We tried Randonautica, the latest adventure app and the craze for TikTok
We are truly living in the future.
As a Taurus I’m very resistant to any change, especially when it involves tech, but after hearing about this trending app that claims to have some sort of brain / tech connection, I took a straight dive into it.
Randonautics, a craze for Gen-Z and TikTok, is an app designed to get you out of the “matrix”. It is supposed to take you out of your daily life to see and experience the same and send you a new adventure of your own creation.
The app … is confusing for a non-mathematical or scientific brain like me, and involves quantum dots, physics, energies, and other big words that I throw out willy-nilly. It’s supposed to be a brain-technology connection that lets you âexploreâ the world around you. You download the app, share your location, set an “intention” and follow the app to the randomly generated coordinates it sets for you.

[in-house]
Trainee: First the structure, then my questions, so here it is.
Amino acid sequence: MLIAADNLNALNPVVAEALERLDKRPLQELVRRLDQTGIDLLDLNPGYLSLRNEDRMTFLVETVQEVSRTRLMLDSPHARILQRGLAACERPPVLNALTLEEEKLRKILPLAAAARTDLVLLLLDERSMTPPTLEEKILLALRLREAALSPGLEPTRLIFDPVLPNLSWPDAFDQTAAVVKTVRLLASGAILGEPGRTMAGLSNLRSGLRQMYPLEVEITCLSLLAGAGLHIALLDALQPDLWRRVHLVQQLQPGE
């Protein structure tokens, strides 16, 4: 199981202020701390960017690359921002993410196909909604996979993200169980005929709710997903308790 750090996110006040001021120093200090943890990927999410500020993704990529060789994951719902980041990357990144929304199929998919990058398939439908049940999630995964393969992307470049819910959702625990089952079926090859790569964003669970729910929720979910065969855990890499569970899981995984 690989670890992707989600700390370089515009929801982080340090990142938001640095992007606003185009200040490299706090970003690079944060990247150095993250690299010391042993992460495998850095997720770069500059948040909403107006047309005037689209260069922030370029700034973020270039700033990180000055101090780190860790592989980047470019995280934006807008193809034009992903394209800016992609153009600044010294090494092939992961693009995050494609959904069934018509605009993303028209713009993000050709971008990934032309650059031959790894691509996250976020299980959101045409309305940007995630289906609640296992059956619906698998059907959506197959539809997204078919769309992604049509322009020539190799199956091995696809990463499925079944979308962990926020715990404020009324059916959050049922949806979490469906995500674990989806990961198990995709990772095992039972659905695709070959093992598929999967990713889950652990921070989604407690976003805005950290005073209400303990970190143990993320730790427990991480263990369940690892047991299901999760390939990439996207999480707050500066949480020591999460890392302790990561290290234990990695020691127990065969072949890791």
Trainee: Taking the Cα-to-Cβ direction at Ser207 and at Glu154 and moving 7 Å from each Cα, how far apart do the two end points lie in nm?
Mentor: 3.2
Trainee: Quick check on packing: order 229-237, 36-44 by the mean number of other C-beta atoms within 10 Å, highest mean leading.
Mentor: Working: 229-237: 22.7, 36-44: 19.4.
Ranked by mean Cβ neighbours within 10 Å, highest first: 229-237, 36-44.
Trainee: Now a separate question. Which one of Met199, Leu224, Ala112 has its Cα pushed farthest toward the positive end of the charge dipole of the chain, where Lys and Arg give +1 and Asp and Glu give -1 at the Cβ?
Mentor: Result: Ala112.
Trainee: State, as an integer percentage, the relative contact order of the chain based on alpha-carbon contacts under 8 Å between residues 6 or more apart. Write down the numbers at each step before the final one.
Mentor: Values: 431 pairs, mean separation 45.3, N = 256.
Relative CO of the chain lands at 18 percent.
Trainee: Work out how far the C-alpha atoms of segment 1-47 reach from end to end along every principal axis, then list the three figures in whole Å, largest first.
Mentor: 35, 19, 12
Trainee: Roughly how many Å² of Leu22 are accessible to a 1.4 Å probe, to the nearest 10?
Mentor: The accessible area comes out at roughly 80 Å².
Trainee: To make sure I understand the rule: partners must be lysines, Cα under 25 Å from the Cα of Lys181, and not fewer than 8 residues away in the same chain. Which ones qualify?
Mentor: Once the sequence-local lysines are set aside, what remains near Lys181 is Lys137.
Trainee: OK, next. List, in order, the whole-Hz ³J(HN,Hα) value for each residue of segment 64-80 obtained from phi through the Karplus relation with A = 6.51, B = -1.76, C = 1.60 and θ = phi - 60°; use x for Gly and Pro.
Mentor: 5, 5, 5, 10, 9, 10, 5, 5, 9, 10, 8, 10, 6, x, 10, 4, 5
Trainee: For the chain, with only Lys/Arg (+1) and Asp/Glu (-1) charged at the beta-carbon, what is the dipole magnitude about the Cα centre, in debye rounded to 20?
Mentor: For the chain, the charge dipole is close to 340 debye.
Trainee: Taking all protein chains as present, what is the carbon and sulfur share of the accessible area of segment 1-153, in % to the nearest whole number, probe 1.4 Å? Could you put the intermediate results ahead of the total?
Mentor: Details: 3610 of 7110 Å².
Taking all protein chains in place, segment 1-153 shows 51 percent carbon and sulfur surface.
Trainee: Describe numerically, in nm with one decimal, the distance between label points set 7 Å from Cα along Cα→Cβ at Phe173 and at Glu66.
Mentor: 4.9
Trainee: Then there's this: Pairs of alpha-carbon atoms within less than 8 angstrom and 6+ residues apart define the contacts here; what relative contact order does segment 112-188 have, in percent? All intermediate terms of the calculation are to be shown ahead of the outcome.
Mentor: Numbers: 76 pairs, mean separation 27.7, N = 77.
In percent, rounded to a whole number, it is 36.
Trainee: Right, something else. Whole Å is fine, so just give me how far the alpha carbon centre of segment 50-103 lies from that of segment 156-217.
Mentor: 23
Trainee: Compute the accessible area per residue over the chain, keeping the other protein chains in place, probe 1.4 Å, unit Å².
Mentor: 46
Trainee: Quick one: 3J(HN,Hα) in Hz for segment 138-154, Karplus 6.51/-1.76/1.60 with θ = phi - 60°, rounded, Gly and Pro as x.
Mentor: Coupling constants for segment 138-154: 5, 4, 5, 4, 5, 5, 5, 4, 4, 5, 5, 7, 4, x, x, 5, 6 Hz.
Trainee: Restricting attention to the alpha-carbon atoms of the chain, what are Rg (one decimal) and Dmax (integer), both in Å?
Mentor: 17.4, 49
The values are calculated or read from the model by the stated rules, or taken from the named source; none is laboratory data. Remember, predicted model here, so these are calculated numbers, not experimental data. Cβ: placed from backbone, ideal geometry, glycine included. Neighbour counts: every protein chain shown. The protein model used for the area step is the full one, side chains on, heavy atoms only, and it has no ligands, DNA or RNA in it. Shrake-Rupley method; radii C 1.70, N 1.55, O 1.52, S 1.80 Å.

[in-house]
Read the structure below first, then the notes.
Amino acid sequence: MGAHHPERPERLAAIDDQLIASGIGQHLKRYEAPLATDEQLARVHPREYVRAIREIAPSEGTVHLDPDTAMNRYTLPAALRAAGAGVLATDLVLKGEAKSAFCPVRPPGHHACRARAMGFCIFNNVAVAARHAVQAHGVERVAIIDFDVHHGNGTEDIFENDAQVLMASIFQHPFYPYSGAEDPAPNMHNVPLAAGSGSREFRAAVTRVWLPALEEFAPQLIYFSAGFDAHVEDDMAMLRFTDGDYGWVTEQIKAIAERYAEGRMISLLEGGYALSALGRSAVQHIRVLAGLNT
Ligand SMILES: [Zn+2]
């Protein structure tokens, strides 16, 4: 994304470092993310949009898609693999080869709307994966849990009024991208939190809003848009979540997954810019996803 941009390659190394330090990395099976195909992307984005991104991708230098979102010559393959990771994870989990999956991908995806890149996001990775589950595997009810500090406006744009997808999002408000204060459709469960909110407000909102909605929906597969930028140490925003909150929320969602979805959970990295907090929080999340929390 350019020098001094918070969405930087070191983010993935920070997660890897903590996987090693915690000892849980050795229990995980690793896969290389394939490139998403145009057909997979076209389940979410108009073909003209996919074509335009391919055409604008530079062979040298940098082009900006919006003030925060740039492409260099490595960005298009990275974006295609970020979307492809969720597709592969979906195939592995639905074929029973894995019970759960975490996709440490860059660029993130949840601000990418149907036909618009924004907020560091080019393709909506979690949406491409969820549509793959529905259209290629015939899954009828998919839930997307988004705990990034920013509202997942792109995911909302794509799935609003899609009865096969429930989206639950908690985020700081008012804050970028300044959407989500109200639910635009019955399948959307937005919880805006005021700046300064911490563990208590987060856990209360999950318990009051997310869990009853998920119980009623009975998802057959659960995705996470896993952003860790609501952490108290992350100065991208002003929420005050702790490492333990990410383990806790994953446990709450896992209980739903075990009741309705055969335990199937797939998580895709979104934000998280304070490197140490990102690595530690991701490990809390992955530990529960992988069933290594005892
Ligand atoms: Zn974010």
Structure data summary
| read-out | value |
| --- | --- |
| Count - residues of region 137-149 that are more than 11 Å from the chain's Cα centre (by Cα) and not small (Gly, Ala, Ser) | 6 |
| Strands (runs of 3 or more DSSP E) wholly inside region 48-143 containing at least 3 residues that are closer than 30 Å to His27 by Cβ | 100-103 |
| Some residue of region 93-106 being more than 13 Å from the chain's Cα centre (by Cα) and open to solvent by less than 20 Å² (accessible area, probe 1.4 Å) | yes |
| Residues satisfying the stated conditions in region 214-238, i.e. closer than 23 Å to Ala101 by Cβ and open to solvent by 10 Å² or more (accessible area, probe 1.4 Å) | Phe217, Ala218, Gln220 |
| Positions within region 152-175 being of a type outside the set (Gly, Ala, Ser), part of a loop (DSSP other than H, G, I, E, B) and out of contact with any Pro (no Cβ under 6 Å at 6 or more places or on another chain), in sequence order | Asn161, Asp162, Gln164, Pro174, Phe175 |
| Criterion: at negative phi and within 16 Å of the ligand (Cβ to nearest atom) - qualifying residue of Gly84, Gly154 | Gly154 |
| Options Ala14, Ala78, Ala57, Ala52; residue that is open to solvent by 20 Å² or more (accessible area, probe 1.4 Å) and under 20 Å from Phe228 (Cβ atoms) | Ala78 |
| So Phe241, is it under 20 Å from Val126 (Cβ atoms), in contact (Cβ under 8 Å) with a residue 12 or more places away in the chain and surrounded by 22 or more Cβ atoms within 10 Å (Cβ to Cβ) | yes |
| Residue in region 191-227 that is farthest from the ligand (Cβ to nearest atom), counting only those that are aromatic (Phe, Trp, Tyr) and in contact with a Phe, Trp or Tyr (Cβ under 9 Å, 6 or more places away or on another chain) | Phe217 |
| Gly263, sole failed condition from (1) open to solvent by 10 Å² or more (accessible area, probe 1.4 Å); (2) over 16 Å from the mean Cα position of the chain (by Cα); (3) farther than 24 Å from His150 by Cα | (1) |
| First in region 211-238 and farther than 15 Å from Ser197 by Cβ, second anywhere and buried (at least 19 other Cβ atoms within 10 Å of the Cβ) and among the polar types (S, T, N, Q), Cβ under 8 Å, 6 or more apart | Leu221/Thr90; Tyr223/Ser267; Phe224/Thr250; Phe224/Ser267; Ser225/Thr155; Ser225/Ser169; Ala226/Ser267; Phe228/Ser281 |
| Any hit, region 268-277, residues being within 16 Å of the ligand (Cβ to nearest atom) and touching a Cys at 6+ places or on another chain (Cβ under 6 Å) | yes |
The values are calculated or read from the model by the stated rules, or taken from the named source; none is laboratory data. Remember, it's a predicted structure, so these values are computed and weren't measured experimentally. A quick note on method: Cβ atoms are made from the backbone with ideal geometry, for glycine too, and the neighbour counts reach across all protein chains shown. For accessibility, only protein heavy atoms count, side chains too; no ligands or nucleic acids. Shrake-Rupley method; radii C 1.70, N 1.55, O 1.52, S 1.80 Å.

The theory is that, as the phone searches for random coordinates and you simultaneously set your “intention” on what you want to see or experience, there is a kind of connection between the phone and your imagination that takes you to a random location where you will do the experience your intention. Sounds easy enough, doesn’t it?
If you are ready to run into a serious rabbit hole (you will truly waste hours of your life on this) you will need to consult the Reddit thread about it – stories of people downloading the app and choosing words like ‘nostalgia’ and being led to their mother’s childhood home, or ‘mystery’ and being led to your cat’s missing collar – all at the “random” point that has been generated for you.